Two decades have been and gone since ANDREW W.K. first released "Party Hard". A turbocharged, steroidal mega-banger by anyone's standards, it seemed to herald the arrival of a major new talent. The subsequent album, "I Get Wet" was a flat-out joy: brimming with exhilarating variations on the same theme. But still, "Party Hard" was the one, and despite having released plenty of strong records over the years since activating that subcultural glitter-bomb, Andrew W.K. remains tethered securely to one song, released 20 years ago, at least in the ears and eyes of the alternative rock-consuming public. It's hard to imagine the relentlessly buoyant Michigan maverick having an issue with that, of course, but there is something about "God Is Partying" that suggests that he is hitting a long-awaited second winning streak here.
For a start, this is nothing like "I Get Wet", and there are no songs that resemble "Party Hard" in any meaningful way. This will come as no surprise to diehard fans, who have been enjoying Andrew's eclectic approach to raising spirits all along. But for everyone else, this album needs to be heard because it's so authentically surprising, and full of big, dramatic songs that offer a great deal more depth and musical intrigue than our somewhat narrow view of Andrew's oeuvre anticipates. Always a slave to bombast, he has truly embraced his more adventurous influences here, from QUEEN's towering, multi-tonal hard rock to Devin Townsend's chrome-plated, tune-heavy heaviness. Using those bigger, more colorful ideas to illustrate what seem to be heartfelt and determinedly non-goofy thoughts on love, life and, perhaps inevitably, partying and its power.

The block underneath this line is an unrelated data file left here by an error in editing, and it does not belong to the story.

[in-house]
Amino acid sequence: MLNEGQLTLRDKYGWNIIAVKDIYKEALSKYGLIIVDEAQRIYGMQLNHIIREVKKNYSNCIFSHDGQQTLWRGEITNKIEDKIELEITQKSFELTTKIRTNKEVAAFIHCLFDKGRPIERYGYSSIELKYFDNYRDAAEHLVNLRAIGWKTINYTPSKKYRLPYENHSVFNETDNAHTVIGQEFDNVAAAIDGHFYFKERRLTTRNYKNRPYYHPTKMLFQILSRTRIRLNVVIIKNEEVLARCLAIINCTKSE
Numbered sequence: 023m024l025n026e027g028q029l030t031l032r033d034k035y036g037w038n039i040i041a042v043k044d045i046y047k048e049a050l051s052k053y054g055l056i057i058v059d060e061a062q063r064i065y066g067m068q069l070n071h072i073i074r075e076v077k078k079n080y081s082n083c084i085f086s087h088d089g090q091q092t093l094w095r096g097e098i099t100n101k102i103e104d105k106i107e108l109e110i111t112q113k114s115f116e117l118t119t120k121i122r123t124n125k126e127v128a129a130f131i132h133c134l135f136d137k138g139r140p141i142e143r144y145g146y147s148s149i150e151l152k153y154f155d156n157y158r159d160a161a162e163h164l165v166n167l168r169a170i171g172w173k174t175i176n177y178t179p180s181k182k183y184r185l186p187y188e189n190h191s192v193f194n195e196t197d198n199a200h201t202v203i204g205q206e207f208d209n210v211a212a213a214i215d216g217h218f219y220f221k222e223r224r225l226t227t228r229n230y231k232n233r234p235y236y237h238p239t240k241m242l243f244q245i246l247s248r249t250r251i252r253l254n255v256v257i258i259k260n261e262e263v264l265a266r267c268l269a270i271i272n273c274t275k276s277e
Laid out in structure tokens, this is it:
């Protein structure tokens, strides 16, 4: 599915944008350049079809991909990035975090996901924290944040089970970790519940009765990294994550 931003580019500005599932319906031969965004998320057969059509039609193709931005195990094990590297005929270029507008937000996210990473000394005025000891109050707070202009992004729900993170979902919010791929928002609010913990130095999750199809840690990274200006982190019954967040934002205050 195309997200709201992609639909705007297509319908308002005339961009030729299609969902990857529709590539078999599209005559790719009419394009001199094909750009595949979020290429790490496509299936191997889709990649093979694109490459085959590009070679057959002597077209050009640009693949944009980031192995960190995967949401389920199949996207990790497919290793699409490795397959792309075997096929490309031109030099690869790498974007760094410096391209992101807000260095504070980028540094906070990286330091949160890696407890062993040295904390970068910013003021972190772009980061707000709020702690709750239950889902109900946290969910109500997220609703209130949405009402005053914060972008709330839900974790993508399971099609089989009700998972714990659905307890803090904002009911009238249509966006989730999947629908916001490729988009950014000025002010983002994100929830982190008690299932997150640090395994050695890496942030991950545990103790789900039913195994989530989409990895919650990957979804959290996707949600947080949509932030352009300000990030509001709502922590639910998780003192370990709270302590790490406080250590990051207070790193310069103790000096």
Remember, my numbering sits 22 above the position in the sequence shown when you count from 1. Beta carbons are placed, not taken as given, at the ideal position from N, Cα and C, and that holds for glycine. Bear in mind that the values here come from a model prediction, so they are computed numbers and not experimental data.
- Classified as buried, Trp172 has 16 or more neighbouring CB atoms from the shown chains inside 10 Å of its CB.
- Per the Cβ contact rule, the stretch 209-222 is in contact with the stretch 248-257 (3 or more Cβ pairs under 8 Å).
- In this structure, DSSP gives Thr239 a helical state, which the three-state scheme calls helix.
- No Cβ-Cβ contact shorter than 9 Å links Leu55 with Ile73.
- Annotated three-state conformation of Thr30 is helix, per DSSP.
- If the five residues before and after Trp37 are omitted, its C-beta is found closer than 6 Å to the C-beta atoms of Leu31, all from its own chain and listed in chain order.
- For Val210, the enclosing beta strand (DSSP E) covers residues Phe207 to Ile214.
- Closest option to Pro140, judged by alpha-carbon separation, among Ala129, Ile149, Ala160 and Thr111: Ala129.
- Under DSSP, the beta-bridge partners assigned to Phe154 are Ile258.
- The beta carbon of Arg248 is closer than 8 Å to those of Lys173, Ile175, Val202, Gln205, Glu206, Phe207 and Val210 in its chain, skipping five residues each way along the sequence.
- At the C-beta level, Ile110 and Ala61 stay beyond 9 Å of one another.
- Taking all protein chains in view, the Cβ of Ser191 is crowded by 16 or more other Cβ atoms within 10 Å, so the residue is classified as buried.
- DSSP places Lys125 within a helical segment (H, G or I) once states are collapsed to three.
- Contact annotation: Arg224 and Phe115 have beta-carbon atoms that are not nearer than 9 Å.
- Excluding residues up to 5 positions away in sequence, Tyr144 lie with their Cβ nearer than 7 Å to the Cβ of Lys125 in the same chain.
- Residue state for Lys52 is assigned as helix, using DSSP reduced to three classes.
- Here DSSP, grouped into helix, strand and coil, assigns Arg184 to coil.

Opener "Everybody Sins" erupts with the theatrical panache of mid-'70s ALICE COOPER, but wields sonic weight with an unmistakable, '90s alt-rock crunch, and with vocal melodies that belong on the airwaves of some crusty AOR station in the middle of nowhere. Again, it is so far away from that song, and so good, that more cynical observers may start to feel slightly guilty for dismissing the man as a daft one-hit wonder. He repeats the trick on the prog-tinged "No One To Know", a grand, gothic ballad with a curiously intimate vocal performance from W.K. Even more indebted to the arena-bothering hugeness of the classic rock greats, "My Tower" boasts a furious, spiraling solo worthy of peak PINK FLOYD and a brilliantly jarring detour into pulsing Krautrock. Even the shorter, sassier likes of "Babalon" and "I'm In Heaven" strike a sublime balance between mad ideas and classy songwriting. Meanwhile, ANDREW W.K. is not constantly telling us to party, which also comes as something of a relief. In fact, the overall vibe of "God Is Partying" is one of hopeful resignation and, unexpectedly, world-weary grit. The party is not over, by any means, but one of its chief exponents has discovered its hidden depths. Ironically, the end result is the most straightforwardly entertaining thing he's ever released.